Leave it Be!

When you are an expecting working Mom, the talk of the office town revolves around two topics: the baby’s sex, and how long you plan to be away.

Tricky questions, really. Right on the borderline between happy-to-share and mind-your-own-business. Reactions and follow up questions are, more often than not, equally tasteless. And then it’s that weird moment when you need to break the news to Management…

I’ve seen Managers who were all in all excited, and others who got petrified to hear the news of a subordinate’s pregnancy. And, although the world acknowledges how beneficial paid maternity leaves are to families, businesses and the economy, not all people are on the same page about them. Personally, I am one of the lucky ones. I live in a corner of the world where maternity rights are protected by law, I work with an Employer that offers a generous maternity policy, and I have a Manager who supported me all the way. But not all working moms experience such generous conditions.

The Organization of Economic Cooperation and Development (OECD), an international body whose mission is to promote policies that will improve the economic and social well-being of people around the world, conducted a comparative study on parental leave systems among its 35 country-members. One thing was made clear: there are significant differentiations from country to country.

How much time off you get (if any!), how much you get paid while on that leave (if you do!), and whether the Father is taken into account in the scheme varies greatly. Browsing though the list of respective benefits, I felt that the innate socioeconomic identity of each country is well-reflected.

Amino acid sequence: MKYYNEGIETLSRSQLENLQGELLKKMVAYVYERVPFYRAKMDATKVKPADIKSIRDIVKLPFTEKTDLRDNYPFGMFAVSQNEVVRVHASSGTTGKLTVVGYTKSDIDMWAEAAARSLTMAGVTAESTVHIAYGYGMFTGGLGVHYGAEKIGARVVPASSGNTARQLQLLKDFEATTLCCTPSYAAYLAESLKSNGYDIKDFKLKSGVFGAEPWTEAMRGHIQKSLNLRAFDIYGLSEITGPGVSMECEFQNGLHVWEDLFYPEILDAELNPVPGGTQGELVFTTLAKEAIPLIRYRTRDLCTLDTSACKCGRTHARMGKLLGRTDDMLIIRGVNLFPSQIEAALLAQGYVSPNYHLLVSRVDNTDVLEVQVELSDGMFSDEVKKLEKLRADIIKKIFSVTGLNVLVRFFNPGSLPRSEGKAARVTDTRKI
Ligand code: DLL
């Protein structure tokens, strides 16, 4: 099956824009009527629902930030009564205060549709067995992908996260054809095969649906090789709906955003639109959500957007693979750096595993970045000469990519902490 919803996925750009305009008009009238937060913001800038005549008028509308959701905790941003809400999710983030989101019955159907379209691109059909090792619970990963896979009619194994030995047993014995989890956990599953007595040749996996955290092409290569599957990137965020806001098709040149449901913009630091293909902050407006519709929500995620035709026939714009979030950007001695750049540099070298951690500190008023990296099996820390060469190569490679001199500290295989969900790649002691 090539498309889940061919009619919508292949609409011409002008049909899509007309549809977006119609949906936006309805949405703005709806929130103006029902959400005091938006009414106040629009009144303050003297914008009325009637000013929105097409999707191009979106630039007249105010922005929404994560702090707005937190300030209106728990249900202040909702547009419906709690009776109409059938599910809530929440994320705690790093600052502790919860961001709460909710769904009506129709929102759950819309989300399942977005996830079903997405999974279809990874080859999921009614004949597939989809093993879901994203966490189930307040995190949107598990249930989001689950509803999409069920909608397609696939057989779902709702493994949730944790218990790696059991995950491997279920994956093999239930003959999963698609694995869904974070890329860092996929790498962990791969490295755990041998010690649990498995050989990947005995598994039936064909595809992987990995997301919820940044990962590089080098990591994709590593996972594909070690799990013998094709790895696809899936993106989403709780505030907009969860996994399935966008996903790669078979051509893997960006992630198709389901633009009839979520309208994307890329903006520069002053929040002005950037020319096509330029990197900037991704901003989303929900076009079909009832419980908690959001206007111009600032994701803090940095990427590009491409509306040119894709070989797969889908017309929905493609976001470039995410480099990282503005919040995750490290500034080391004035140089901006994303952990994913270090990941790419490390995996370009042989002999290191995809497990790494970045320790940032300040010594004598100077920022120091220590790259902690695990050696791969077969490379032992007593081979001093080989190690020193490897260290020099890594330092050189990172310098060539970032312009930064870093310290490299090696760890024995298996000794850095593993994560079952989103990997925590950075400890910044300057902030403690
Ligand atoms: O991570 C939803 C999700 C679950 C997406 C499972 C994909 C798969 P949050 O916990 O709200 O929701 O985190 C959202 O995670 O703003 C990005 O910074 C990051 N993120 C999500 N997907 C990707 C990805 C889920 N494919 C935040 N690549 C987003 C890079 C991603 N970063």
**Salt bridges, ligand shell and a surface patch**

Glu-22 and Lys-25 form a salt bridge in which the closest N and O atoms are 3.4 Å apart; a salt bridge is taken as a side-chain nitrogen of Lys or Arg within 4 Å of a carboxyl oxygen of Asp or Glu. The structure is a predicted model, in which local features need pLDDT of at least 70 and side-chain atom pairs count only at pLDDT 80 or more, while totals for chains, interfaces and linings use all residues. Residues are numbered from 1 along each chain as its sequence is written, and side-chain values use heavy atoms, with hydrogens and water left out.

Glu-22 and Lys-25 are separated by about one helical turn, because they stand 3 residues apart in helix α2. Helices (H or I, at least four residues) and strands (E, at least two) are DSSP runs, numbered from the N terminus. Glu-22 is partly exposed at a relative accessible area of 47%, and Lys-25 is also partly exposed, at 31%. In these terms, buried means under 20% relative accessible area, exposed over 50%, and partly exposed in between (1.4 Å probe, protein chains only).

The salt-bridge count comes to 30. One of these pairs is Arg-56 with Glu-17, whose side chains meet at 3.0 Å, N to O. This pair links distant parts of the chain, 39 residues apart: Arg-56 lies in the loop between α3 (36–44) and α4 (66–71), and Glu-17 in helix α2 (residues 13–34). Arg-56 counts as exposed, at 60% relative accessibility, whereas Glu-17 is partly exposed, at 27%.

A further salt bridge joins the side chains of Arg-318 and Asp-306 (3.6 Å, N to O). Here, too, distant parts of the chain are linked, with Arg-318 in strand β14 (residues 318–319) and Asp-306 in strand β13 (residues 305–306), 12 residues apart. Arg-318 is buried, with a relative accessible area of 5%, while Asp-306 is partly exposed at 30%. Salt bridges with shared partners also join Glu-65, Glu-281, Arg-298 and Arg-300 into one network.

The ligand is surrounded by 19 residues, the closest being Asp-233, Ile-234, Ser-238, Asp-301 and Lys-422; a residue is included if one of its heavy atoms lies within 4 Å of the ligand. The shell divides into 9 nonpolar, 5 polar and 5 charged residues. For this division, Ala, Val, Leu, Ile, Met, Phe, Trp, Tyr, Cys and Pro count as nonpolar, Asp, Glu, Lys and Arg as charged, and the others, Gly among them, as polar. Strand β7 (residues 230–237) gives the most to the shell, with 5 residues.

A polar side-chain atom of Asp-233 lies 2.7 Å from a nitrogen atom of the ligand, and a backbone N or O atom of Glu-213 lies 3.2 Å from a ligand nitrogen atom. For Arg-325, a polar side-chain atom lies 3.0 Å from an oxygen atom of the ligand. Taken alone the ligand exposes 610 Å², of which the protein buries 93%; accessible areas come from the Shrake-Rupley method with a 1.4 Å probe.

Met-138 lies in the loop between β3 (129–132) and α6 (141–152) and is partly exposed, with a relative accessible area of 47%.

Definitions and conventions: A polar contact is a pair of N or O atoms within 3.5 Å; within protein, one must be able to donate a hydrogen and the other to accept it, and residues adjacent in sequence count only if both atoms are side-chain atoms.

Source: OECD, 2016

In Greece, for instance, Dads are treated by the State like a new family’s ornament. They get 5 paid days off when the baby is born, and then “boom” go back to work as if nothing actually happened. Guess who needs to stay behind to cuddle the munchkin? The Mother, who is provided with a generous 43-week paid maternity leave for that matter. To make the long stories short, as far as the Greek state is concerned, Fathers are treated as if they were the primary breadwinners and Moms are treated as if they were the primary family caretakers. Sad, but true.

I would be ungrateful not to admit, however, that forty-three weeks off work is a considerable amount of time in my Motherly hands. More than half the world is not entitled to a similar privilege. But, the way I am experiencing it it, it’s not just some luxury. It’s a necessity. It’s time I didn’t even know I really needed, until I got it. It’s an amount of time that initially sounds so long, and yet it somehow proves to be marginally enough. In my case here’s a list of all the stuff I invested my time on:

  • Preparing my body and mind for labor: I had plenty of good food and rest, and attended a series of free labor-related seminars offered by the state
  • Recovering from giving birth: Due to last-minute complications with my labor I was induced for a C-section, and recovery was a long and painful experience for me, both physically and mentally
  • Learning all those things I didn’t know about raising a baby: How babies sleep, how they are fed, how they are cared for, how to play and interact with them to support their cognitive, emotional, and speech development, how to make sure they are getting the physical training they need for their fine and gross motor skills, how to introduce solids. The list is practically endless and ongoing. As my son grows, my knowledge grows along.
  • Troubleshooting practicalities: Actually trying out all the new practices you are learning is hardly a walk in the park. It didn’t come naturally either. Complications come up all the time, and I needed to bring my focused mind and see things through. In our case, we are currently dealing with a persistent food allergy that decided to pop up out of the blue while introducing solids. Not to mention our terrible first flu season. My undivided attention during troubleshooting was more that required, and thankfully I had it.